The Most Important Financial Tips For Contractors

Dealing with finances is crucial in the life of a contractor, as it can make or break the business easily, especially if you’re early in your career.

Taking care of the finances as a contractor can be terrifying. Even if you’ve managed to secure some funding, it’s a scary thought to suddenly find yourself scrambling to stay afloat. Of course credit helps, but that too can snowball out of control and lead to more debt. That’s why it’s so important to know about finances and how to control them. 

Below are some basic but very crucial tips to keep your finances in check, particularly when you’re early in your contractor career.

Keep track of everything

Take note of every expense and keep every receipt. If you don’t like the idea of holding on to a bunch of scraps of paper, you can always use your phone as a portable scanner and keep receipts saved on the cloud – it’s even safer that way.

If you prefer the papers, you can always keep a folder with you or in your car where you can safely store them for later.

Use financial software

Following the idea of keeping track, a financial app will be of great use here.

Many still prefer to use a spreadsheet, as it allows for a great deal of customization, meaning they can be adapted for whatever you need.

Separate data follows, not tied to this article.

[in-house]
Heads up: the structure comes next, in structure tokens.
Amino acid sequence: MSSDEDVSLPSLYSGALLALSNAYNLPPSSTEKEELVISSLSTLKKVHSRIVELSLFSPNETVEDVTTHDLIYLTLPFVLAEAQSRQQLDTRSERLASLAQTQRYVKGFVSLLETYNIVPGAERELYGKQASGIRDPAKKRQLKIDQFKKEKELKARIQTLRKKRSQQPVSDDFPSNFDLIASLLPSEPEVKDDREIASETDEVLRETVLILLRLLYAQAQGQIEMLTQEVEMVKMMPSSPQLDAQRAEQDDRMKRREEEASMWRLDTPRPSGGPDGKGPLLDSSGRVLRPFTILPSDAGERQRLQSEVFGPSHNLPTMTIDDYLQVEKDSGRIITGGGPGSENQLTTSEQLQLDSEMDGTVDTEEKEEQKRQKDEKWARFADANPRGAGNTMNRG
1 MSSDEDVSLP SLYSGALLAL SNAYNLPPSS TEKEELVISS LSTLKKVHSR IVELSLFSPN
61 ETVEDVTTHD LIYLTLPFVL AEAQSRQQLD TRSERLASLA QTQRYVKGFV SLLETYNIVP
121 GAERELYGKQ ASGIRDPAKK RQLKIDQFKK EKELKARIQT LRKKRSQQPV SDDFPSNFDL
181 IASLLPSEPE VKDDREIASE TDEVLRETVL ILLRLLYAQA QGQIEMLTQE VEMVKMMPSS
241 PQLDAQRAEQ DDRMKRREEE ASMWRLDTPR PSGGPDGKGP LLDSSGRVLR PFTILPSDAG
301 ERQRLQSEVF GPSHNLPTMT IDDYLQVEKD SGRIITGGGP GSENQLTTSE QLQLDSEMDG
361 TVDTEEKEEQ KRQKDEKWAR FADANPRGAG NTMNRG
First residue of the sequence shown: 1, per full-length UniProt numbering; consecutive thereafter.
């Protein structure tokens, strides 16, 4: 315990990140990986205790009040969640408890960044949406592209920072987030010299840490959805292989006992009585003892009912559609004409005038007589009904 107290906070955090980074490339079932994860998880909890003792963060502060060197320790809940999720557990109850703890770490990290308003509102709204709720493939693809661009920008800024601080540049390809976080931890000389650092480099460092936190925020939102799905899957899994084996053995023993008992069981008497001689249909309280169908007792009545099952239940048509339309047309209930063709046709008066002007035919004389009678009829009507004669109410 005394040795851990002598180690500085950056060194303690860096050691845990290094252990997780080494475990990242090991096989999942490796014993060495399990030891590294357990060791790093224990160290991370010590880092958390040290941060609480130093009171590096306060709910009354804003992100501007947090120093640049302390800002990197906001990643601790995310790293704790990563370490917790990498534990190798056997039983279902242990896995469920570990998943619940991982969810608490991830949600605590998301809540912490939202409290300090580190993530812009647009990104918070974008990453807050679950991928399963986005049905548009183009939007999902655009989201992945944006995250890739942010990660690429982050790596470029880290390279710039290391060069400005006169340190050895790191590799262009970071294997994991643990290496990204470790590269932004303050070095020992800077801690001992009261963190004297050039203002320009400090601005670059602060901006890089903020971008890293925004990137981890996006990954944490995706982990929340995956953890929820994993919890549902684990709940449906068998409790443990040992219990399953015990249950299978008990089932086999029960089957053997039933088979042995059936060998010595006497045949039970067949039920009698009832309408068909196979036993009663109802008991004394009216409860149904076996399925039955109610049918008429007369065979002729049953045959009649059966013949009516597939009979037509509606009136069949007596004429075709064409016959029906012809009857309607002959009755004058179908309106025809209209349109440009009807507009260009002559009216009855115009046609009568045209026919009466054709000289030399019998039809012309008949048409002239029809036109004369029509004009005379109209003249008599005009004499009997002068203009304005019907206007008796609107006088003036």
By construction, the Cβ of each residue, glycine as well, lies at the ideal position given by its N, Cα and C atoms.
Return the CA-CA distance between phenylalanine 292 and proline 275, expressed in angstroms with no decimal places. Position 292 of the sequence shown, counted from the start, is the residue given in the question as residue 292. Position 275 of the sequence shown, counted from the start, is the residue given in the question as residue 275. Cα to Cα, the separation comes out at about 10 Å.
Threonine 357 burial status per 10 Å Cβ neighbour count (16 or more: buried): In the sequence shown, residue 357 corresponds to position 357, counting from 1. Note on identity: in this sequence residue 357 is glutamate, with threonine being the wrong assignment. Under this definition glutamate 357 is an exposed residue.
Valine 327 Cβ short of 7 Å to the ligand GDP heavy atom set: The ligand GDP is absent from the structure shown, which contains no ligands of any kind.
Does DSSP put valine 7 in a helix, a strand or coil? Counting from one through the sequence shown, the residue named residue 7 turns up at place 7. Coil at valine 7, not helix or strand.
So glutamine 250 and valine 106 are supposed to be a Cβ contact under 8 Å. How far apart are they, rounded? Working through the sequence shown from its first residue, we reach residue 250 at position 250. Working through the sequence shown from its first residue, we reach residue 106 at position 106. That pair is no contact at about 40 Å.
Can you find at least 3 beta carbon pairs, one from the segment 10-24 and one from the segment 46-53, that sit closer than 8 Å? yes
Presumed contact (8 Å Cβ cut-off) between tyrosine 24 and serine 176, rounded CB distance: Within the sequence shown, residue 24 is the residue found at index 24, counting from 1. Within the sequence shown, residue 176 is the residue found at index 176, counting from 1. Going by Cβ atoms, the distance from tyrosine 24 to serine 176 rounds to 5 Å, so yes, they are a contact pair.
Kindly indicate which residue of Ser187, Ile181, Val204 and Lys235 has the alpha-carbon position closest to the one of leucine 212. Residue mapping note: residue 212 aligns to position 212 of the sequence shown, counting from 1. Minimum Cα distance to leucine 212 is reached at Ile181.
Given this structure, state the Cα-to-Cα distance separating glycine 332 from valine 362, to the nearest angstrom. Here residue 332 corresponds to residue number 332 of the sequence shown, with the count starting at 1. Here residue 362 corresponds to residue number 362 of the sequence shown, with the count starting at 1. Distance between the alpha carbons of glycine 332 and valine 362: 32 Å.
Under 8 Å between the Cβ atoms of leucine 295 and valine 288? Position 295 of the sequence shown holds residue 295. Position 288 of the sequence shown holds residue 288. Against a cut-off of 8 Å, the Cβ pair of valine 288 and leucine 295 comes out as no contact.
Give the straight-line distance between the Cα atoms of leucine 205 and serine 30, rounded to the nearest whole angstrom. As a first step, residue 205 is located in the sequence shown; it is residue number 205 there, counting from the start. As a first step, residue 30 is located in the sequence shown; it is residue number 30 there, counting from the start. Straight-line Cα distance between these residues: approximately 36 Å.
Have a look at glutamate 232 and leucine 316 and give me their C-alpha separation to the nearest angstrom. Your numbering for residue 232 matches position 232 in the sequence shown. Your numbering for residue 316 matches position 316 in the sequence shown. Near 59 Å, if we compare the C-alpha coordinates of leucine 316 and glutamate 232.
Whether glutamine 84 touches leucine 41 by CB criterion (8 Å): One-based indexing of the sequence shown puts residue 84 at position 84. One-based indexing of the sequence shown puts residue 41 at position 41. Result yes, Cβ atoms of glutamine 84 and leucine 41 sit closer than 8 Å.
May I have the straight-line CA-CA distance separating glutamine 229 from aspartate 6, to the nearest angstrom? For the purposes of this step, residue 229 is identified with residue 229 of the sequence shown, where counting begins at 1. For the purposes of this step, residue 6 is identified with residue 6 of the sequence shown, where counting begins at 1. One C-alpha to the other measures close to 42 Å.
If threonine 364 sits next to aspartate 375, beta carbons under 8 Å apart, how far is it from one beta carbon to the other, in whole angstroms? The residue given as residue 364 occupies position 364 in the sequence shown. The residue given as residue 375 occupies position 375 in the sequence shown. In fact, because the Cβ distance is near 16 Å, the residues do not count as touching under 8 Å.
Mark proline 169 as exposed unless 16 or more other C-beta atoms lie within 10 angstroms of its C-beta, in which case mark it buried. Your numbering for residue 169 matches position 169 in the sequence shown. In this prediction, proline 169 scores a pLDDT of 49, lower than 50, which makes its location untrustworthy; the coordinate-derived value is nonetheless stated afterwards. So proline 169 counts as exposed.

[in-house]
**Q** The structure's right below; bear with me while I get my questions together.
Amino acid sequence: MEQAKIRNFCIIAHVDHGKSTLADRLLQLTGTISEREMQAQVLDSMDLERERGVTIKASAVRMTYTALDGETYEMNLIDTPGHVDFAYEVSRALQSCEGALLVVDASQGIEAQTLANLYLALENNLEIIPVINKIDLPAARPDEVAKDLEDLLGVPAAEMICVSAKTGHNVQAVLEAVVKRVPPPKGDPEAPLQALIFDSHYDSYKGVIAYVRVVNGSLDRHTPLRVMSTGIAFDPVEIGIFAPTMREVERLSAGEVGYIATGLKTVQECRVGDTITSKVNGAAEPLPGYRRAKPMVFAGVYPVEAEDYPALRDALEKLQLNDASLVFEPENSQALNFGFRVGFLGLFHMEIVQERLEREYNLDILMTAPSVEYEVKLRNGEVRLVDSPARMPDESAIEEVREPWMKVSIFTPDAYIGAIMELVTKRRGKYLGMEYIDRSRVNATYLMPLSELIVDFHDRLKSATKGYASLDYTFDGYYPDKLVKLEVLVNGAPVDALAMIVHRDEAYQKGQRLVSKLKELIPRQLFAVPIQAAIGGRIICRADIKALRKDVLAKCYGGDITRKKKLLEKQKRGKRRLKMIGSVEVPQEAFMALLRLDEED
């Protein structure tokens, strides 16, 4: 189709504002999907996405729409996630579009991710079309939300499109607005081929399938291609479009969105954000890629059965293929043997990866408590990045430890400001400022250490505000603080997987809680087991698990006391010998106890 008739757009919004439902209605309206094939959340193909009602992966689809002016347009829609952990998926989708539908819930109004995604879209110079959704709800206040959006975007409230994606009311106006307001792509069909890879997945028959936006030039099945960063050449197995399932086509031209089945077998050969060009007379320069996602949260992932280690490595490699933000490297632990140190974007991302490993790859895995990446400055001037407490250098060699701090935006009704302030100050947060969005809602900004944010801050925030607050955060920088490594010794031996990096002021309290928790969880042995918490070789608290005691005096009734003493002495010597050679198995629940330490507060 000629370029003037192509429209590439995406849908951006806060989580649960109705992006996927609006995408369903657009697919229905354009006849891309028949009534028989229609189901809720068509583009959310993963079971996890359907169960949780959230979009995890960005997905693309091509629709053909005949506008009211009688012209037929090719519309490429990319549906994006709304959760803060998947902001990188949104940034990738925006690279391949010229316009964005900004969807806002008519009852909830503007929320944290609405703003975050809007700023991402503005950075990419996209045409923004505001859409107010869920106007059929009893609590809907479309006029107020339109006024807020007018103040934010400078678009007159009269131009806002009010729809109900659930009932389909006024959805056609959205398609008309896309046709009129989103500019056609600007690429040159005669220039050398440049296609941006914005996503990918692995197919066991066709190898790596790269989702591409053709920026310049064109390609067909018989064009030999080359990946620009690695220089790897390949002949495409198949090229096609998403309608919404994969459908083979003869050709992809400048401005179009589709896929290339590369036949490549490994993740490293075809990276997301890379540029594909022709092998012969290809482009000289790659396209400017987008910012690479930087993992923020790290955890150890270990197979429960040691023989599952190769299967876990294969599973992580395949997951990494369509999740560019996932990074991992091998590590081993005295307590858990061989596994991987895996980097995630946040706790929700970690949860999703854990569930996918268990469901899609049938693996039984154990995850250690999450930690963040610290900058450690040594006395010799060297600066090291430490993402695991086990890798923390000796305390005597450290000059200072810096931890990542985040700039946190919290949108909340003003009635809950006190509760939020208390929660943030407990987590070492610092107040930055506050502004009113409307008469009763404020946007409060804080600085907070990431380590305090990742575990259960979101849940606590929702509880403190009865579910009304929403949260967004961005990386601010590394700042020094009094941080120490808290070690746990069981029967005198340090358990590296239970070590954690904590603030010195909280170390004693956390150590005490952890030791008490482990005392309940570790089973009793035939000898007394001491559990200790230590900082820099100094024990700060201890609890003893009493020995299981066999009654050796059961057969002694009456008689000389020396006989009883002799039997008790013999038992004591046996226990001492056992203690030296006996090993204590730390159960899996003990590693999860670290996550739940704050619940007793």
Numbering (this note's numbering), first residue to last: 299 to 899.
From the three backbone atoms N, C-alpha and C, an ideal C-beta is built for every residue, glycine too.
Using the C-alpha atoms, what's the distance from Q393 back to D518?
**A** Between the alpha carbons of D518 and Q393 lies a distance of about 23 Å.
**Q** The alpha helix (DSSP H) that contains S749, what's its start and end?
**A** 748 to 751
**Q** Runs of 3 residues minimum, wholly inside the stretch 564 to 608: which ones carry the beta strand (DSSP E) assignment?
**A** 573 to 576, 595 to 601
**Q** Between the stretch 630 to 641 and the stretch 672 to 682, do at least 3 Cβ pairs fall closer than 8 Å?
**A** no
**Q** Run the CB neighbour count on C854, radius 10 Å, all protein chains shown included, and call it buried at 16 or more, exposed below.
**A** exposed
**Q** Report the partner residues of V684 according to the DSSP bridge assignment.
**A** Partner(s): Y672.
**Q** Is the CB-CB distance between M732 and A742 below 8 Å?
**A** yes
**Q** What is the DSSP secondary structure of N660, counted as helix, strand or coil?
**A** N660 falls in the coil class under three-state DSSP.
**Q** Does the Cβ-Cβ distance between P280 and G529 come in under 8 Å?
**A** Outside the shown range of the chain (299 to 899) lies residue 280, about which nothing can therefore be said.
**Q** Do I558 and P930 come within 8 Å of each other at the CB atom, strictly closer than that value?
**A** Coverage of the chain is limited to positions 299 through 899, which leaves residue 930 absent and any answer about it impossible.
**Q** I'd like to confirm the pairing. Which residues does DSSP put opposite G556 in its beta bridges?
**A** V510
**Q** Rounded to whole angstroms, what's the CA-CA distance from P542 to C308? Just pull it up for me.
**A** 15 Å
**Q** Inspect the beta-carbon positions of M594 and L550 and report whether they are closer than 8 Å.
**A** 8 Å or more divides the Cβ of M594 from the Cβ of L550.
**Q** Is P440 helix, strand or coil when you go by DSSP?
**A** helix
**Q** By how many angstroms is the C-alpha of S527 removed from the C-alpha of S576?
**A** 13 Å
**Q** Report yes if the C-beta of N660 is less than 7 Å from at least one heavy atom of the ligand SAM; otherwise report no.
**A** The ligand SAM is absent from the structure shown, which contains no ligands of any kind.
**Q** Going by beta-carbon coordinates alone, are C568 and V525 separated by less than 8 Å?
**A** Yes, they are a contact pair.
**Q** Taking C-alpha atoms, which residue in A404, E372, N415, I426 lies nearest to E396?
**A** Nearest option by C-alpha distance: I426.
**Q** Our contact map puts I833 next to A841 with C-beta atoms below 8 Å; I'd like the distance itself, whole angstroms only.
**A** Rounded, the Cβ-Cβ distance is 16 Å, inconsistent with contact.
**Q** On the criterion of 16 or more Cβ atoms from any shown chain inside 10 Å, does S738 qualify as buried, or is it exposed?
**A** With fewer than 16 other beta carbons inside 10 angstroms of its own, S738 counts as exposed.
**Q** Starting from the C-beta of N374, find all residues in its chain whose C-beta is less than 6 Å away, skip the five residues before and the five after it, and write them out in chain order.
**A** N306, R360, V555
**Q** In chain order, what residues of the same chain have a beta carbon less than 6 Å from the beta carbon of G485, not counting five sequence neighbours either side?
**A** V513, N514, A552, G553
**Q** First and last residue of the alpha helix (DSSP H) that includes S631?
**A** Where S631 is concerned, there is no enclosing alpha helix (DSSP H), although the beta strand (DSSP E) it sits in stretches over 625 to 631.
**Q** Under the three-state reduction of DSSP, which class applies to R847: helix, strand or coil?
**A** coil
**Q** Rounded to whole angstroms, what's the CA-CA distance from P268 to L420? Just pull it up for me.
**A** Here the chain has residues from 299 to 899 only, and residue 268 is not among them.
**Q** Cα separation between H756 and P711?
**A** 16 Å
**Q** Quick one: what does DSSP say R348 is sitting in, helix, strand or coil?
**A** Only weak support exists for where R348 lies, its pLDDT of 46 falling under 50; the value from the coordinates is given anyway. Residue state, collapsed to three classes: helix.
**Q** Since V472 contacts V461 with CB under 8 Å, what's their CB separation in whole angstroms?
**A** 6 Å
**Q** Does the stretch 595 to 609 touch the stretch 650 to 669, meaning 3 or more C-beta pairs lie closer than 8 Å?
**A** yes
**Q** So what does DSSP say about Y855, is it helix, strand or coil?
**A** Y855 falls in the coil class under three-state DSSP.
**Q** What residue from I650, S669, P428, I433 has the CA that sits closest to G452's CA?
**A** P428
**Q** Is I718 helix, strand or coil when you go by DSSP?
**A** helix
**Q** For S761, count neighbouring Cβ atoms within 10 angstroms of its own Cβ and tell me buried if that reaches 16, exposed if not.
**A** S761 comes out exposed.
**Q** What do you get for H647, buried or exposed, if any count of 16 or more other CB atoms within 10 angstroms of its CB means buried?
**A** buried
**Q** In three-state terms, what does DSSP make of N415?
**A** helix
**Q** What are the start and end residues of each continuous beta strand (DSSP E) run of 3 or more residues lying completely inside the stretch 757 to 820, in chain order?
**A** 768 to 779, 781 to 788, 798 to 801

However, that requires knowledge and experience with a program like Excel, as some mistakes can be hard to notice and compromise your reports. For that reason, you can instead use software designed specifically for tracking your finances.

These allow you to easily log expenses (with the option to attach a receipt) and can automatically generate reports for time periods and much more. It’s a lot easier to use even on your phone, which is an extra layer of flexibility for your daily routine.

I’ve previously mentioned a finance software along with other free resources you can use for your contractor business!

Have clear payment terms

In most contractor businesses you need at least a deposit to acquire the materials for the job, so be sure to have a reasonable amount in your payment terms to ensure you’re never starting a job on the red. The recommended amount of payment can vary, but somewhere from 10% to 25% is usually acceptable.

For the latter end of the job, you can take a few steps to ensure payment on time. First, be sure to outline a fee in your contract in case of delays, and perhaps even a discount if the payment comes earlier – it’s a great way to encourage early payments and always have money in hand.

Credit is dangerous

Credit cards can be very useful just as much as they can snowball your finances out of control. Anyone who’s ever had a credit card can tell you that.

You should definitely have a credit card, but try to use it as a backup more than your main way of spending. It’s very easy to look at your limit and think that’s money you have, but remember that you do not have that money – but the moment you spend it, you NEED to have that money otherwise the snowball begins.

Have a financial pro on your team

Taking care of finances on top of everything else is very time-consuming and downright exhausting. Try to hire a finances pro as early as possible, maybe even as your first hire if you’re starting solo. If you can find someone with previous experience in the contractor business, even better.

This will free you up A LOT to perform your other functions while ensuring your finances are under control.

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